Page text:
Welcome back to Smiling Through Tears! I hope you are having a nice Saturday morning. I’m not sure if I’ve ever explained what all of my diagnoses are. For those of you who follow me and those who don’t — and aren’t sure of what my particular mental health diagnoses are, I’m going to explain each one. Please bare with me since there are quite a handful.
Bipolar II Disorder
Bipolar I and bipolar II disorders can be much different. I have bipolar II disorder. According to WebMD, “Bipolar II disorder is similar to bipolar I disorder, with moods cycling between high and low over time. However, in bipolar II disorder, the “up” moods never reach full-blown mania. The less-intense elevated moods in bipolar II disorder care called hypomanic episodes, or hypomania. A person affected by bipolar II disorder has had at least one hypomanic episode in his or her life. Most people with bipolar II disorder suffer more often from episodes of depression. This where the term “manic depression” comes from.”
Generalized Anxiety Disorder
“Generalized Anxiety Disorder (GAD) is characterized by persistent and excessive worry about a number of different things. People with GAD may anticipate disaster and may be overly concerned about money, health, family, work, or other issues. Individuals with GAD find it difficult to control their worry. They may worry more than seems warranted about actual events or may expect the worst even when there is no apparent reason for concern. GAD is diagnosed when a person finds it difficult to control worry on more days than not for at least six months and has three or more symptoms. This differentiates GAD from worry that may be specific to a set of stressors or for more limited period of time…Sometimes just the thought of getting through the day produces anxiety. People with GAD don’t know how to stop the worry cycle and feel it is beyond their control, even though they usually realize that their anxiety is more intense than the situation warrants. (www.adaa.org)”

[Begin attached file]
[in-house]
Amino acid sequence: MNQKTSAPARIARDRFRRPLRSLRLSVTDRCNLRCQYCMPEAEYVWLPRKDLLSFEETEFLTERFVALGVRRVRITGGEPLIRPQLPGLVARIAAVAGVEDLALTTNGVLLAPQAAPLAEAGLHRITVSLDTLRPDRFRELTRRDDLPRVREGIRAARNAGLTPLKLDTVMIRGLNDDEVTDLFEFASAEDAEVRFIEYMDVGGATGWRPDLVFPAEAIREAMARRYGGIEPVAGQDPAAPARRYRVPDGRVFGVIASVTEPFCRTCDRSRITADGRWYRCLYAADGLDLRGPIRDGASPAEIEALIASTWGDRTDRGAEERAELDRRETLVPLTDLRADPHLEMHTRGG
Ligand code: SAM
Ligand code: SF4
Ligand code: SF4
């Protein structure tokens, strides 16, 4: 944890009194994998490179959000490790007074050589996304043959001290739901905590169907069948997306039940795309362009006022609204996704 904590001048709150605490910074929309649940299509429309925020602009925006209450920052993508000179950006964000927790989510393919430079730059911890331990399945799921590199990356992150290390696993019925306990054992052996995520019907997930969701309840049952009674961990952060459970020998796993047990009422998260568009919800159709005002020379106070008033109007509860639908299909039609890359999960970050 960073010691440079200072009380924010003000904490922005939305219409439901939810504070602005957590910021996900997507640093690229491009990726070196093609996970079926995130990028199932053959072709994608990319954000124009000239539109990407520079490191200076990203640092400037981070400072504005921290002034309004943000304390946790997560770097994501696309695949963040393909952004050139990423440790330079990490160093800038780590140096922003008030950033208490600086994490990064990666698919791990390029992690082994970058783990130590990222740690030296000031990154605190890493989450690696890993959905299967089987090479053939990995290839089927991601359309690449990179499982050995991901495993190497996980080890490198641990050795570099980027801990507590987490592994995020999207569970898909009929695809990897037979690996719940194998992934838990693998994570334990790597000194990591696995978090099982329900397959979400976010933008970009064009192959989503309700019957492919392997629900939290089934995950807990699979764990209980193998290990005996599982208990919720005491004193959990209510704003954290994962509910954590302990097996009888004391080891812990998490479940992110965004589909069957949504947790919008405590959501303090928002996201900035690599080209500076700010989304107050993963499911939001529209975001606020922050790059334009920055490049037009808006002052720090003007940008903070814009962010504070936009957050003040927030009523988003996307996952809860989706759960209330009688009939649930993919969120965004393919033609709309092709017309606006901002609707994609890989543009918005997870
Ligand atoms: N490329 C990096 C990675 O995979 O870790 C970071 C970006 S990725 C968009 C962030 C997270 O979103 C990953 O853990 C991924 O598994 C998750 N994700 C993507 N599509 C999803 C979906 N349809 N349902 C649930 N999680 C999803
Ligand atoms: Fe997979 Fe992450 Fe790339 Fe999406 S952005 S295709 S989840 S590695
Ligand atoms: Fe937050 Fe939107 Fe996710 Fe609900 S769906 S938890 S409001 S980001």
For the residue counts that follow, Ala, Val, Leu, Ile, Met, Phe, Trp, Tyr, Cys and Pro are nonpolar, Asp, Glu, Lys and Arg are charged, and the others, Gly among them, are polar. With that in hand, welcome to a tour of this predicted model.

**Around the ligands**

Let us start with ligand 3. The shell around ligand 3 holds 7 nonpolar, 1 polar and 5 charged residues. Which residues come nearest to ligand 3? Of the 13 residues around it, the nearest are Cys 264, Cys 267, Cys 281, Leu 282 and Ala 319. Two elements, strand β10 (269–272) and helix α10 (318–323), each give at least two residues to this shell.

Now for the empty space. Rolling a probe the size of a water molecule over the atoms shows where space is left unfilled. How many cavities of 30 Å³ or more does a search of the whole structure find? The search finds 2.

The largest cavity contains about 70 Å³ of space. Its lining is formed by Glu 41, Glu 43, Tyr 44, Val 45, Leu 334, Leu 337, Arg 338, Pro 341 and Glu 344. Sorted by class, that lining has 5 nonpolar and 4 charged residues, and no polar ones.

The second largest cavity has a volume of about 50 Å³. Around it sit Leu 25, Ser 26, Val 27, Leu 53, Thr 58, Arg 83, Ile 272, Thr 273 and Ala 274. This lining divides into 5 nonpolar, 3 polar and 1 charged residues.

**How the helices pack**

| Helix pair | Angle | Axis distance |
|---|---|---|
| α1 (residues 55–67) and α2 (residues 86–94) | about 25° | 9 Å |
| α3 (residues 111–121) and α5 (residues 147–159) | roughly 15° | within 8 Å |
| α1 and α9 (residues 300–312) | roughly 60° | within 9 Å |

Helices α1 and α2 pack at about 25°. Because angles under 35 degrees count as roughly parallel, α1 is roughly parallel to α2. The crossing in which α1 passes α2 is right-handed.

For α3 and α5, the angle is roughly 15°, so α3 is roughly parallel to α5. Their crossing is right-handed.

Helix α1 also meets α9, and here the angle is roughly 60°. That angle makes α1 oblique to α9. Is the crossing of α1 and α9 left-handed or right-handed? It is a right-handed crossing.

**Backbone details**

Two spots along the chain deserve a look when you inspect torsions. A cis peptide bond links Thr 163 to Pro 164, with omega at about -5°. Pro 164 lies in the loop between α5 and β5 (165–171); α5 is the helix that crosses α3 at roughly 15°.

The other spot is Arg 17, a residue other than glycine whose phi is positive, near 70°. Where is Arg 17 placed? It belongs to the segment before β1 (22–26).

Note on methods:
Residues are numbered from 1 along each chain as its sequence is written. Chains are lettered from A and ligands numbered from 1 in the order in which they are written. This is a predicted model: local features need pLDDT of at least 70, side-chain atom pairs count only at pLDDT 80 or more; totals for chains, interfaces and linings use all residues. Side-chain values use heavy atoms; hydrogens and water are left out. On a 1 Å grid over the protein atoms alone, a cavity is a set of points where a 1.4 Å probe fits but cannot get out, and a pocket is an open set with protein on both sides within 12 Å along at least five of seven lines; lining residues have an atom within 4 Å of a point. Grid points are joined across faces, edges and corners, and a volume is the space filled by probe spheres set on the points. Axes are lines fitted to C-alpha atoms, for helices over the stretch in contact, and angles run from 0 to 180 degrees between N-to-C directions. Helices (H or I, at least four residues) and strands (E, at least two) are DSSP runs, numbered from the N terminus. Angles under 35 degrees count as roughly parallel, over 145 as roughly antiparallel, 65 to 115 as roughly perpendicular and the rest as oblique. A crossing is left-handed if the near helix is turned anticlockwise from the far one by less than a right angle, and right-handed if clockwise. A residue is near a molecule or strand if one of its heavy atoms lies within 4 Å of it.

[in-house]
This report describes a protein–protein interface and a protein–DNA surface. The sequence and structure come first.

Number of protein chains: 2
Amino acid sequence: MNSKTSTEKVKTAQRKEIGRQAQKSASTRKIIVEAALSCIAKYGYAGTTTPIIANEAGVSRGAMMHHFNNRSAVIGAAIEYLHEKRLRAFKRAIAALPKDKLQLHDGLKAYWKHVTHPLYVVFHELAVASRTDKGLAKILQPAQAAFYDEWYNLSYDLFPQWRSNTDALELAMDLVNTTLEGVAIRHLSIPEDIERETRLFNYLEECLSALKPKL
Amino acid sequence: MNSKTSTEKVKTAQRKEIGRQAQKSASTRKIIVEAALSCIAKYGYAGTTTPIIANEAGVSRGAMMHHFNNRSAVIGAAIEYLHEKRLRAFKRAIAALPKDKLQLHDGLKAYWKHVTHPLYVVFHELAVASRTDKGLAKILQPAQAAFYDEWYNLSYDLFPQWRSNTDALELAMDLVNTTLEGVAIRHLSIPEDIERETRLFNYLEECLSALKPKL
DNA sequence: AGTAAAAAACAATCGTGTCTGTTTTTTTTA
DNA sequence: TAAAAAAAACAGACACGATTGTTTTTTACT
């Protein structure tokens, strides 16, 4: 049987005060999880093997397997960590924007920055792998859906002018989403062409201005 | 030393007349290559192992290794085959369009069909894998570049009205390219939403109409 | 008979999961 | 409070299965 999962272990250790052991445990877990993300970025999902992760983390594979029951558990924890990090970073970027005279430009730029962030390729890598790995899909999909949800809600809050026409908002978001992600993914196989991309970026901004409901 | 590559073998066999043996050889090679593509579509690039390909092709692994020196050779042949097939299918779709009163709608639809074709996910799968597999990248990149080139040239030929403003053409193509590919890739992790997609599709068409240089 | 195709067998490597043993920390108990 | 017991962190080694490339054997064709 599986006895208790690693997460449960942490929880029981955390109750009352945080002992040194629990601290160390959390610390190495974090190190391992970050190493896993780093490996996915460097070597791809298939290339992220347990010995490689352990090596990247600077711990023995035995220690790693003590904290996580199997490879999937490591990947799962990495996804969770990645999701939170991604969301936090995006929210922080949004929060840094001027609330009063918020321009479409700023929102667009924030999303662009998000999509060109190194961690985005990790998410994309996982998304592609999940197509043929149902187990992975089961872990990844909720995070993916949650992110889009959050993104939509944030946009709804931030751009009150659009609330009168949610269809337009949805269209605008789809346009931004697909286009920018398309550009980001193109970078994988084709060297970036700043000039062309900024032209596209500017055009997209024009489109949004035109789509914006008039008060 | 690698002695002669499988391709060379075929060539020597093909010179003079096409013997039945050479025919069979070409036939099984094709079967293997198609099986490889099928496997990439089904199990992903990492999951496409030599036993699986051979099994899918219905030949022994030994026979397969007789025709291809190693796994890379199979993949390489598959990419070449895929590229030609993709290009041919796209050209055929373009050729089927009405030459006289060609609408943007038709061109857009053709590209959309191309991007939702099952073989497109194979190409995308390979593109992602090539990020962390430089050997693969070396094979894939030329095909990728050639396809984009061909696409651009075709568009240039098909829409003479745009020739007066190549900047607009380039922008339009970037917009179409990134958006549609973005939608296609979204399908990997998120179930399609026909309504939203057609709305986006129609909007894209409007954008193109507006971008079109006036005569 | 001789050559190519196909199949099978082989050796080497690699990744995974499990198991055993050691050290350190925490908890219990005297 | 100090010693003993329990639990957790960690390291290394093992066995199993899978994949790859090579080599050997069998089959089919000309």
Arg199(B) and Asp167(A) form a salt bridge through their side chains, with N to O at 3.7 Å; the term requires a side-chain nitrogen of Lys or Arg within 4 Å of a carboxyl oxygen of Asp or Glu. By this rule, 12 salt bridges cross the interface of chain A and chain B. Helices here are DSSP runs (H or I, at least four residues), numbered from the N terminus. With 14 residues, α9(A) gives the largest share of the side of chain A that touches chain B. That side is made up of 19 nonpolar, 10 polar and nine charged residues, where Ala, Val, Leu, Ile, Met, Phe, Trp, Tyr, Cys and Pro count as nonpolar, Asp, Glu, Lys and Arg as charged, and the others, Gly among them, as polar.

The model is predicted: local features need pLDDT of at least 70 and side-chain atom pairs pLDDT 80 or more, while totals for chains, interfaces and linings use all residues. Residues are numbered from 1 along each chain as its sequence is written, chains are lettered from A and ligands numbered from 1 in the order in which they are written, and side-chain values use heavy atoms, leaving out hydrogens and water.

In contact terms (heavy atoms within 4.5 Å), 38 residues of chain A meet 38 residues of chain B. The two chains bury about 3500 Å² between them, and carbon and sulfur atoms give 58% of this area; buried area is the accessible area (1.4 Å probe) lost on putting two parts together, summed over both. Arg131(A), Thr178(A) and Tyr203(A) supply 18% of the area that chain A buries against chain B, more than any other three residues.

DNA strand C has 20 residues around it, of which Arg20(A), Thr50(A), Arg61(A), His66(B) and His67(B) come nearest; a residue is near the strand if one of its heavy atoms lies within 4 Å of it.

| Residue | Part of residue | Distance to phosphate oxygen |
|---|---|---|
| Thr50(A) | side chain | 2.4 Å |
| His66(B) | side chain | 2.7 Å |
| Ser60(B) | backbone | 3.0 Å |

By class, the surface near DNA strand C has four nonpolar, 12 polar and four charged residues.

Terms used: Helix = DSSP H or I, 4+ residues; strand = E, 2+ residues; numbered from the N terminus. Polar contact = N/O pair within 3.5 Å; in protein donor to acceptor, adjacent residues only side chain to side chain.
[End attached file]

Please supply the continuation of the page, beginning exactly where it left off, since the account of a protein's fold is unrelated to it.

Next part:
“People with panic disorder have sudden and repeated attacks of fear that last for several minutes or longer. Panic attacks are characterized by a fear of disaster or of losing control even when there is no real danger. A person may also have a strong physical reaction during a panic attack. They can happen at any time, and many worry about and dread the possibility of having another attack. Physical symptoms during a panic attack include pounding or racing heart, sweating, chills, trembling, breathing problems, weakness or dizziness, tingly or numb hands, chest pain, stomach pain, and nausea. There is also an intense worry about when the next panic attack will happen and sometimes even a fear or avoidance of places where panic attacks have occurred in the past (www.nimh.nih.gov)”
According to the Mayo Clinic, “Agoraphobia is a type of anxiety disorder in which you fear and avoid places or situations that might cause you to panic and make you feel trapped, helpless or embarrassed. You fear an actual or anticipated situation, such as using public transportation, being in an open or enclosed spaces, standing in line, or being in a crowd.”
Post-Traumatic Stress Disorder (PTSD)
“PTSD is a psychiatric disorder that can occur in people who have experienced or witnessed a traumatic event such as a natural disaster, a serious accident, a terrorist act, war/combat, rape or other violent personal assault…People with PTSD have intense, disturbing thoughts and feelings related to their experience that last long after the traumatic event has ended. They may relive the event through flashbacks or nightmares; they may feel sadness, fear or anger; and they may feel detached or estranged from other people (www.psychiatry.org)”
To my new followers, welcome to Smiling Through Tears. This blog is a daily account of my struggle with mental health disorders. To all of my returning followers, thank you for supporting me and following my journey.